D. 11 : P. 11 : V. 8 : A. 15 : C. 19.
The lower jaw much longer than the upper; the gape deeper than wide : the teeth long, and curving inwards ; those on the anterior parts of the tongue and palatine bones are the longest : the breadth of the eye about one-fifth of the whole length of the head, the irides silvery white ; the gill-cover triangular; the upper part of the head flat ; the nape and back rising ; the form of the body elongated and slender ; the dorsal and abdominal lines slightly convex : the colour of the upper part of the body pale ash green ; all the lower parts, cheeks, and gill-covers, brilliant silvery white : the scales oval, small, and deciduous : all the fins pale yellowish white ; the ends of the caudal rays tipped with black.
The specimen described measured seven inches in length. Occasionally Smelts may be seen in the London markets ten and eleven inches long, but this is an unusually large size. Pennant mentions having seen one that was thirteen inches and weighed eight ounces.
* Mr. Salter, in his Angler's Guide, page 169, says he has caught very fine Smelts by angling in Portsmouth harbour ; but there is very little doubt that the Sandsmelt, or Atherine, which is there abundant, is the fish alluded to.
Alwyne Wheeler (1969) in "The Fishes of the British Isles and North West Europe":
Osmerus eperlanus (Linnaeus, 1758)
NAMES Fr. Éperlan; Du. Spierling, Spiering; Ge. Stint; Da. Smelt; Nor. Nors.
IDENTIFICATION Body long and slim, head rather pointed, scaleless; an adipose fin near the tail. The jaws are large, extending well past the level of the rear edge of the eye; the lower jaw protrudes slightly in front. The teeth are large in the lower jaw, smaller in the upper, but there are large teeth in the roof of the mouth and on the tongue. The eye and scales are relatively small, the scales well attached. The dorsal fin is set far back, its origin behind the base of the pelvic fins. The back is a light olive green, the sides have a fairly pronounced silvery stripe running from head to tail; ventrally it is creamy white. Fresh smelts, particularly those with damaged tissues, have a strong smell of cucumber.
D. 9-12; A. 12-16; lateral line 60-6; vertebrae 55-62.
BIOLOGY An inshore fish of very restricted distribution, smelt, even adults, are rarely found far from shore. Some may spend all their lives in larger estuaries, and the young are not infrequently found between tide levels. The adults appear to congregate around river mouths in winter and enter the rivers in early spring (February to April), at which time the males have numerous small tubercles on their scales. Spawning occurs within this period, or immediately after, in estuarine waters and even in only slightly brackish water. After spawning the adults return to the sea, but the young stay in the estuary for the remainder of the summer.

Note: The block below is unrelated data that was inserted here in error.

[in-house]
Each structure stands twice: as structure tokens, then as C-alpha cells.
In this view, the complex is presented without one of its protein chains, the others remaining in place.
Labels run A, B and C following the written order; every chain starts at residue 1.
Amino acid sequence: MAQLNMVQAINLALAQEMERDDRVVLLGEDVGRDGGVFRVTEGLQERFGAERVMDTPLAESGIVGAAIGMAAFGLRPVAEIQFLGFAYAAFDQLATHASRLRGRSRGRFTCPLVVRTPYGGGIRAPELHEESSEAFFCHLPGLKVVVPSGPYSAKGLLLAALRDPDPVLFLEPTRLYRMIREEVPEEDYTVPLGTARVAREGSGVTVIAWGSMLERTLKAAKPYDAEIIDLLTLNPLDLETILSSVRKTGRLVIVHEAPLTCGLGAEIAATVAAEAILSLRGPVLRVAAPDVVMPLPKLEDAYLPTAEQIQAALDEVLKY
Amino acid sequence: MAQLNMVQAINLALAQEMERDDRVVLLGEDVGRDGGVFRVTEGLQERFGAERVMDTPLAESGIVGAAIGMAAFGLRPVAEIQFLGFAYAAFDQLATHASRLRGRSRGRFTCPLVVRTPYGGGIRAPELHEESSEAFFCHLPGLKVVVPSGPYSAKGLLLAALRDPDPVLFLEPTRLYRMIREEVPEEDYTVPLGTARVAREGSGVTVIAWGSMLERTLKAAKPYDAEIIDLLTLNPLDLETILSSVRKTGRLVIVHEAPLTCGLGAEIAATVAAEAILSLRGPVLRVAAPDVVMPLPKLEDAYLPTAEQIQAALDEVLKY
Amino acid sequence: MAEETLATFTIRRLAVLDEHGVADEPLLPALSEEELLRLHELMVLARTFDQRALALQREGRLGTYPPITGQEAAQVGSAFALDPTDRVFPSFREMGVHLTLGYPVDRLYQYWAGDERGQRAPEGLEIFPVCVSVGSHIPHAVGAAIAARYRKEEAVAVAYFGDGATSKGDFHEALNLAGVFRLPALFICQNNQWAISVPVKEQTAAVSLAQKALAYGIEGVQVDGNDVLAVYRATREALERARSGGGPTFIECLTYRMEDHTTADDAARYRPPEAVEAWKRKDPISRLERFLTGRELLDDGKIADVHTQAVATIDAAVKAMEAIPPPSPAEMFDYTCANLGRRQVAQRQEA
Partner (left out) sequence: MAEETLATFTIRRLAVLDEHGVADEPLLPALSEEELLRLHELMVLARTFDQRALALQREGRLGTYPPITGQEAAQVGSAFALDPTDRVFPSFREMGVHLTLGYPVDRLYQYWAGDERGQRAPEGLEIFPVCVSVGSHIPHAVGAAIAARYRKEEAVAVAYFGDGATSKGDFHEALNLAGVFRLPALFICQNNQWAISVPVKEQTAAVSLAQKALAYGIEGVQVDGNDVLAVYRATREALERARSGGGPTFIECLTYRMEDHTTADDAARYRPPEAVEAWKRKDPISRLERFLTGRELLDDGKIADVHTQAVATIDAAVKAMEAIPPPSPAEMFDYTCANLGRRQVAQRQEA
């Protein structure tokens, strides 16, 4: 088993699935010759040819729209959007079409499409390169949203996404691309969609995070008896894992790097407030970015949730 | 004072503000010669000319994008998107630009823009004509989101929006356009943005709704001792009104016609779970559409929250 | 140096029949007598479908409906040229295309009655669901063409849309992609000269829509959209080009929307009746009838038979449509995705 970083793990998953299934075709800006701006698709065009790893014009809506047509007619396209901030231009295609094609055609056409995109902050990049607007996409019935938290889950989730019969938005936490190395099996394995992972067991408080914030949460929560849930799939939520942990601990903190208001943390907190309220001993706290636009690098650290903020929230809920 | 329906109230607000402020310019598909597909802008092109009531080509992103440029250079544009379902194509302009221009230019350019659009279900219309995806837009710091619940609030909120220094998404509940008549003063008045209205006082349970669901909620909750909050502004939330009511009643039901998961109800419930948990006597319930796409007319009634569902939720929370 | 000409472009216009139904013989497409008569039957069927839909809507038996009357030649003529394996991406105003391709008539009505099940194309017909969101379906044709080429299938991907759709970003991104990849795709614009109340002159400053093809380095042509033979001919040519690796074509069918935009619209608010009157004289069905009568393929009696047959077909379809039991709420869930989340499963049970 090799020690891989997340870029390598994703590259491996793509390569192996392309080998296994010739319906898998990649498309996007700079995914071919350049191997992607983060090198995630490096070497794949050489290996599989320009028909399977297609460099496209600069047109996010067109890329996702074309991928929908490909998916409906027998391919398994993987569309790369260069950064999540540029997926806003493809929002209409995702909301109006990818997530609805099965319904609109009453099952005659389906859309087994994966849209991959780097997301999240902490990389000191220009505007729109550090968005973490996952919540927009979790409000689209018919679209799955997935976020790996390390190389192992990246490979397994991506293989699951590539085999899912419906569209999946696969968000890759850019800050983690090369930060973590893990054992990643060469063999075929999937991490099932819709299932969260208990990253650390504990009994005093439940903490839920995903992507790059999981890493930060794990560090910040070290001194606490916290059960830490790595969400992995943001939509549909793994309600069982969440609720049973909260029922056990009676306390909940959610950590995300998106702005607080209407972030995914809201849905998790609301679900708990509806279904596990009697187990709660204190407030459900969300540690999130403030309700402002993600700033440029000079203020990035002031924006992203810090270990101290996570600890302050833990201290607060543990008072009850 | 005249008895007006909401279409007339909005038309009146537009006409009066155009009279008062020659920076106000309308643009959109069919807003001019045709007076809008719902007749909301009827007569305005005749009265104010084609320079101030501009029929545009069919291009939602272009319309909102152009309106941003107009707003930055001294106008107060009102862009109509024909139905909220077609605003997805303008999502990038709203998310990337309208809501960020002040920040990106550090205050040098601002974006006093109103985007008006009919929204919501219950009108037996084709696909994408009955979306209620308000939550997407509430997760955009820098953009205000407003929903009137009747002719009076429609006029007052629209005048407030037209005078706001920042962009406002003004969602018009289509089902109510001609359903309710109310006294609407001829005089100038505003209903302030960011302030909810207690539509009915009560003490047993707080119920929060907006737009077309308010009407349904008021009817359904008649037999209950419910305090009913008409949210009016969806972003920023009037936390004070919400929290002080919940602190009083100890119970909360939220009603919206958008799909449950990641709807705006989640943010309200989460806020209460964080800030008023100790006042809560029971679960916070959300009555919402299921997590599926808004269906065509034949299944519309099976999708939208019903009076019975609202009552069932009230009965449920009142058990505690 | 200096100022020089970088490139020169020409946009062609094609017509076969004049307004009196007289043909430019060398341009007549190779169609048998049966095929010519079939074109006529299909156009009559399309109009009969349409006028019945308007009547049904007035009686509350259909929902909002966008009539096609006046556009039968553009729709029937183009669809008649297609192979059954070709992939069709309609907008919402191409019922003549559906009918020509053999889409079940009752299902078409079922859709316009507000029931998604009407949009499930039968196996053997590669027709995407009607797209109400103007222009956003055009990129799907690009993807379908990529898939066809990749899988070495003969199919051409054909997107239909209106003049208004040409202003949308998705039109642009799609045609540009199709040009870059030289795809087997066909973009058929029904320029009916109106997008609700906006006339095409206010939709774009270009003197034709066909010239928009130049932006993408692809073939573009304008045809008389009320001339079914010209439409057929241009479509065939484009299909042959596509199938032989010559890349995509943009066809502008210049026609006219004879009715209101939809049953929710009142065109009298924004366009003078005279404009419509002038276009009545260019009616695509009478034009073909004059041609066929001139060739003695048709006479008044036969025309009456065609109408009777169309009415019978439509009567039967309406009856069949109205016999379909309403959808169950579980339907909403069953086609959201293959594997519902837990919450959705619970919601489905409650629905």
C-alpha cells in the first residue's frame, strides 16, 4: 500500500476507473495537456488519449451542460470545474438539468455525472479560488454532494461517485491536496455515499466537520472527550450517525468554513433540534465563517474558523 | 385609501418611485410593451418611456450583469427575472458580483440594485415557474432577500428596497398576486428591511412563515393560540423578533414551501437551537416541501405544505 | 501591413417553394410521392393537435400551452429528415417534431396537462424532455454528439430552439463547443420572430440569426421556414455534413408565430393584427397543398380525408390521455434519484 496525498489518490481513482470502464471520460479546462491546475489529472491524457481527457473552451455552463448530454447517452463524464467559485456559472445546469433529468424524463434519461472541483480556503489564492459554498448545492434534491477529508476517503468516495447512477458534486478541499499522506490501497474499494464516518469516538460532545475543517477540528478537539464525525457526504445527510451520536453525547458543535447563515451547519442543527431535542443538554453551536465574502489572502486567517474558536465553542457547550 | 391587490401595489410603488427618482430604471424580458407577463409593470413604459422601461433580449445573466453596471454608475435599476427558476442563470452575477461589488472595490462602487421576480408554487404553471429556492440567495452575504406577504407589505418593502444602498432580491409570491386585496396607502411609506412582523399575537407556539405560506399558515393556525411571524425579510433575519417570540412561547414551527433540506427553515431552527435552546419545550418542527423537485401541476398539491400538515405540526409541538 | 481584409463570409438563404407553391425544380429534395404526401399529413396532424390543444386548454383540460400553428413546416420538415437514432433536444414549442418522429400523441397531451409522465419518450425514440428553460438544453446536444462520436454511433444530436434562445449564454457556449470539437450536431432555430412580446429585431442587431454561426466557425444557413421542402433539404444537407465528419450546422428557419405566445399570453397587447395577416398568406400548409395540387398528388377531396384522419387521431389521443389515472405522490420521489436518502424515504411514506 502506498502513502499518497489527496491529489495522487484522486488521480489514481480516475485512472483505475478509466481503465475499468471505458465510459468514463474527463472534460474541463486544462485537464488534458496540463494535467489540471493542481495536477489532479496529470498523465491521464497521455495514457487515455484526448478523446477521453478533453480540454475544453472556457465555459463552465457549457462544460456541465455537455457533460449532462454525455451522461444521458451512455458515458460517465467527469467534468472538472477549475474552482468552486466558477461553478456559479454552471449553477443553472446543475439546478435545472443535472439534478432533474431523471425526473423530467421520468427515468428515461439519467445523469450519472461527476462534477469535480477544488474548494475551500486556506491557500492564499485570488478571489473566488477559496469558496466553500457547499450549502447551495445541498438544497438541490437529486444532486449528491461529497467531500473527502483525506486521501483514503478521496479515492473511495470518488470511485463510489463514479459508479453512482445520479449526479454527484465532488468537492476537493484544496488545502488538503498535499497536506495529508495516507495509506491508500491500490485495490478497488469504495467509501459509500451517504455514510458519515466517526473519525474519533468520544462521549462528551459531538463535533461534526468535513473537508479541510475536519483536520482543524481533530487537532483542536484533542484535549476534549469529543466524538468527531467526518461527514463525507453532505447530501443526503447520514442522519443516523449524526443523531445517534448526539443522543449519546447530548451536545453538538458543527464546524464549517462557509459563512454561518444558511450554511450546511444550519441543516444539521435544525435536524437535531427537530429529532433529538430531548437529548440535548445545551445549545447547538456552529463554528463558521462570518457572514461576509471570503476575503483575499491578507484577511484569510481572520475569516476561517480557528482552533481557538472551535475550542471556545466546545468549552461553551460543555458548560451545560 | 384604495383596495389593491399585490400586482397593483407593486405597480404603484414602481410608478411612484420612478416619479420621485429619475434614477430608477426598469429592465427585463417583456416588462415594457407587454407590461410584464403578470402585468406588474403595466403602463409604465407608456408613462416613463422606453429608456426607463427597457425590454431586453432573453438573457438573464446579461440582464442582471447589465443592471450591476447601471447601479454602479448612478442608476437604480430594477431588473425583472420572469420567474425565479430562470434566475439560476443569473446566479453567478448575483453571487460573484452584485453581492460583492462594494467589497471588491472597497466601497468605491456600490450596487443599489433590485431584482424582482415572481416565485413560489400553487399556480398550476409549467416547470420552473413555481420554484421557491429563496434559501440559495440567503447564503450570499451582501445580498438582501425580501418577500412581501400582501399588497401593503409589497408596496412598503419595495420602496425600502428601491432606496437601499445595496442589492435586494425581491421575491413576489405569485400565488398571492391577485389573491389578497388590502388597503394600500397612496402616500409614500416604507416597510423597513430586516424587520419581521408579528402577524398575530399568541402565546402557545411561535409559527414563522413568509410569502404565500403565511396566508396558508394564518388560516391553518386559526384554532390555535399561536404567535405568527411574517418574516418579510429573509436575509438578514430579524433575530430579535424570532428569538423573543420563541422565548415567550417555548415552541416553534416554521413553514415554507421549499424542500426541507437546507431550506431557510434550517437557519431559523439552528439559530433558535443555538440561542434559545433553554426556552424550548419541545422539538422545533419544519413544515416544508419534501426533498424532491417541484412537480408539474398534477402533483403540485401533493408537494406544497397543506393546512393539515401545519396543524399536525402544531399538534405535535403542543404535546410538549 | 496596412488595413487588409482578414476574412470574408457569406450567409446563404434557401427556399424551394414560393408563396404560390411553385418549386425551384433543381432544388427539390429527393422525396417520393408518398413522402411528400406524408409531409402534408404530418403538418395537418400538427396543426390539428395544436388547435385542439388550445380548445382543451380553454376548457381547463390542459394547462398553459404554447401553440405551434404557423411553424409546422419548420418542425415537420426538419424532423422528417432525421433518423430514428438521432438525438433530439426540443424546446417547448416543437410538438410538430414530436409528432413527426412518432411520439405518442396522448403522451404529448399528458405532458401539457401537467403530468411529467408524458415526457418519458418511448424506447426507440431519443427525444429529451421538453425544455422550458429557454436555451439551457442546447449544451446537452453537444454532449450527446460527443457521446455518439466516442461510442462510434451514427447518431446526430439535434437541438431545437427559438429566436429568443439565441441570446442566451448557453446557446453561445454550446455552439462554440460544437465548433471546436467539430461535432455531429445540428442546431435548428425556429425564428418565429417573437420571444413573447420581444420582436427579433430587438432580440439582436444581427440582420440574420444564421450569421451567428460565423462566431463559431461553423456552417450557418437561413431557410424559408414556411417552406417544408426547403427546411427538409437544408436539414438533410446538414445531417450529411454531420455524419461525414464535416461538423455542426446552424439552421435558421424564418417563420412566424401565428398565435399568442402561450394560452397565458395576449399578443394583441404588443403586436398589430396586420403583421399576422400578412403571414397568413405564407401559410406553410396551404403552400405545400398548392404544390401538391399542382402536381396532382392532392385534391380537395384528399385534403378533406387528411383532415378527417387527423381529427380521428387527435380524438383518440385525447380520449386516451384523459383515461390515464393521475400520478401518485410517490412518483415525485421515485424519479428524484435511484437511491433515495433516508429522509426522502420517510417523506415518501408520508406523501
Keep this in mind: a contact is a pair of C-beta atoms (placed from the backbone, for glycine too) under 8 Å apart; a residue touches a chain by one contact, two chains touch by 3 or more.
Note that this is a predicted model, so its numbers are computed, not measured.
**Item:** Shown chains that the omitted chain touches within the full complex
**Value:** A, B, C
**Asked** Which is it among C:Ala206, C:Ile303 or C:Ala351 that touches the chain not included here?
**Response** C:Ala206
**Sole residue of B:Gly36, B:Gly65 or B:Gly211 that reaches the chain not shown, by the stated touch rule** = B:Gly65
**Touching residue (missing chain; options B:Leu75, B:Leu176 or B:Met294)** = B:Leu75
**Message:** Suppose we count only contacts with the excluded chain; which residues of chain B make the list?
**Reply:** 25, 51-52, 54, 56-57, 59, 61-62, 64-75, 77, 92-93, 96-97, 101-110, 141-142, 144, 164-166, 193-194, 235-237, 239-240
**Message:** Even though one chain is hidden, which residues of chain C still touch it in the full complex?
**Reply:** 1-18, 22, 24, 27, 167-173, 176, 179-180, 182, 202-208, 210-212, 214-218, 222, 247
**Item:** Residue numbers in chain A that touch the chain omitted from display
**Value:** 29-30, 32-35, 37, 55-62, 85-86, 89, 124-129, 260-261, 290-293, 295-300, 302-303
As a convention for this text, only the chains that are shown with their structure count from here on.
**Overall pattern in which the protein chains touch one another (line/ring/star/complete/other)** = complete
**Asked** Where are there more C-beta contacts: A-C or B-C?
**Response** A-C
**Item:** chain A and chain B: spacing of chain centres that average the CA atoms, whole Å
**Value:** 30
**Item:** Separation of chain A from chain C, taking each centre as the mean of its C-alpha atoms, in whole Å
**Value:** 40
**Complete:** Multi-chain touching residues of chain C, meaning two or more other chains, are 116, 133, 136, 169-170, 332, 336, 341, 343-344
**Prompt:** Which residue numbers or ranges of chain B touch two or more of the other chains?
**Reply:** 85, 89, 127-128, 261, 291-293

The eggs are minute (about 1.2 mm in diameter) and adhesive. They sink to the bottom and hatch in from eight to twenty-seven days according to temperature. The length of the young by the end of their first summer is 2-2¾ in (5-7 cm).
Smelt are active predacious fishes, eating a wide range of fishes, including young sprats, herring, young gadoid fishes, such as whiting, and gobies, chiefly Pomatoschistus minutes and P. microps. Crustaceans, brown shrimps, Corophium, and Gammarus chiefly, are also important, but various isopods and copepods also figure in their diet. The young eat principally copepods and young fish. They also take worms but not often.
Owing to its tolerance of low salinities the smelt is capable of adapting to life in fresh water, and certain landlocked populations are known both in Europe and America. These are most common in the northern parts of its range, and freshwater populations are known from Jutland, parts of southern Norway, Sweden and Finland. A unique population in Rostherne Mere, Cheshire, seems to have become extinct since the 1920s.
Smelt are delicious to eat, although their strong smell makes them rather an acquired taste. In America a related smelt is highly regarded as an angler’s fish, but the European form is not so favoured, although there is no reason why a sport fishery should not succeed, particularly on the southern North Sea coasts.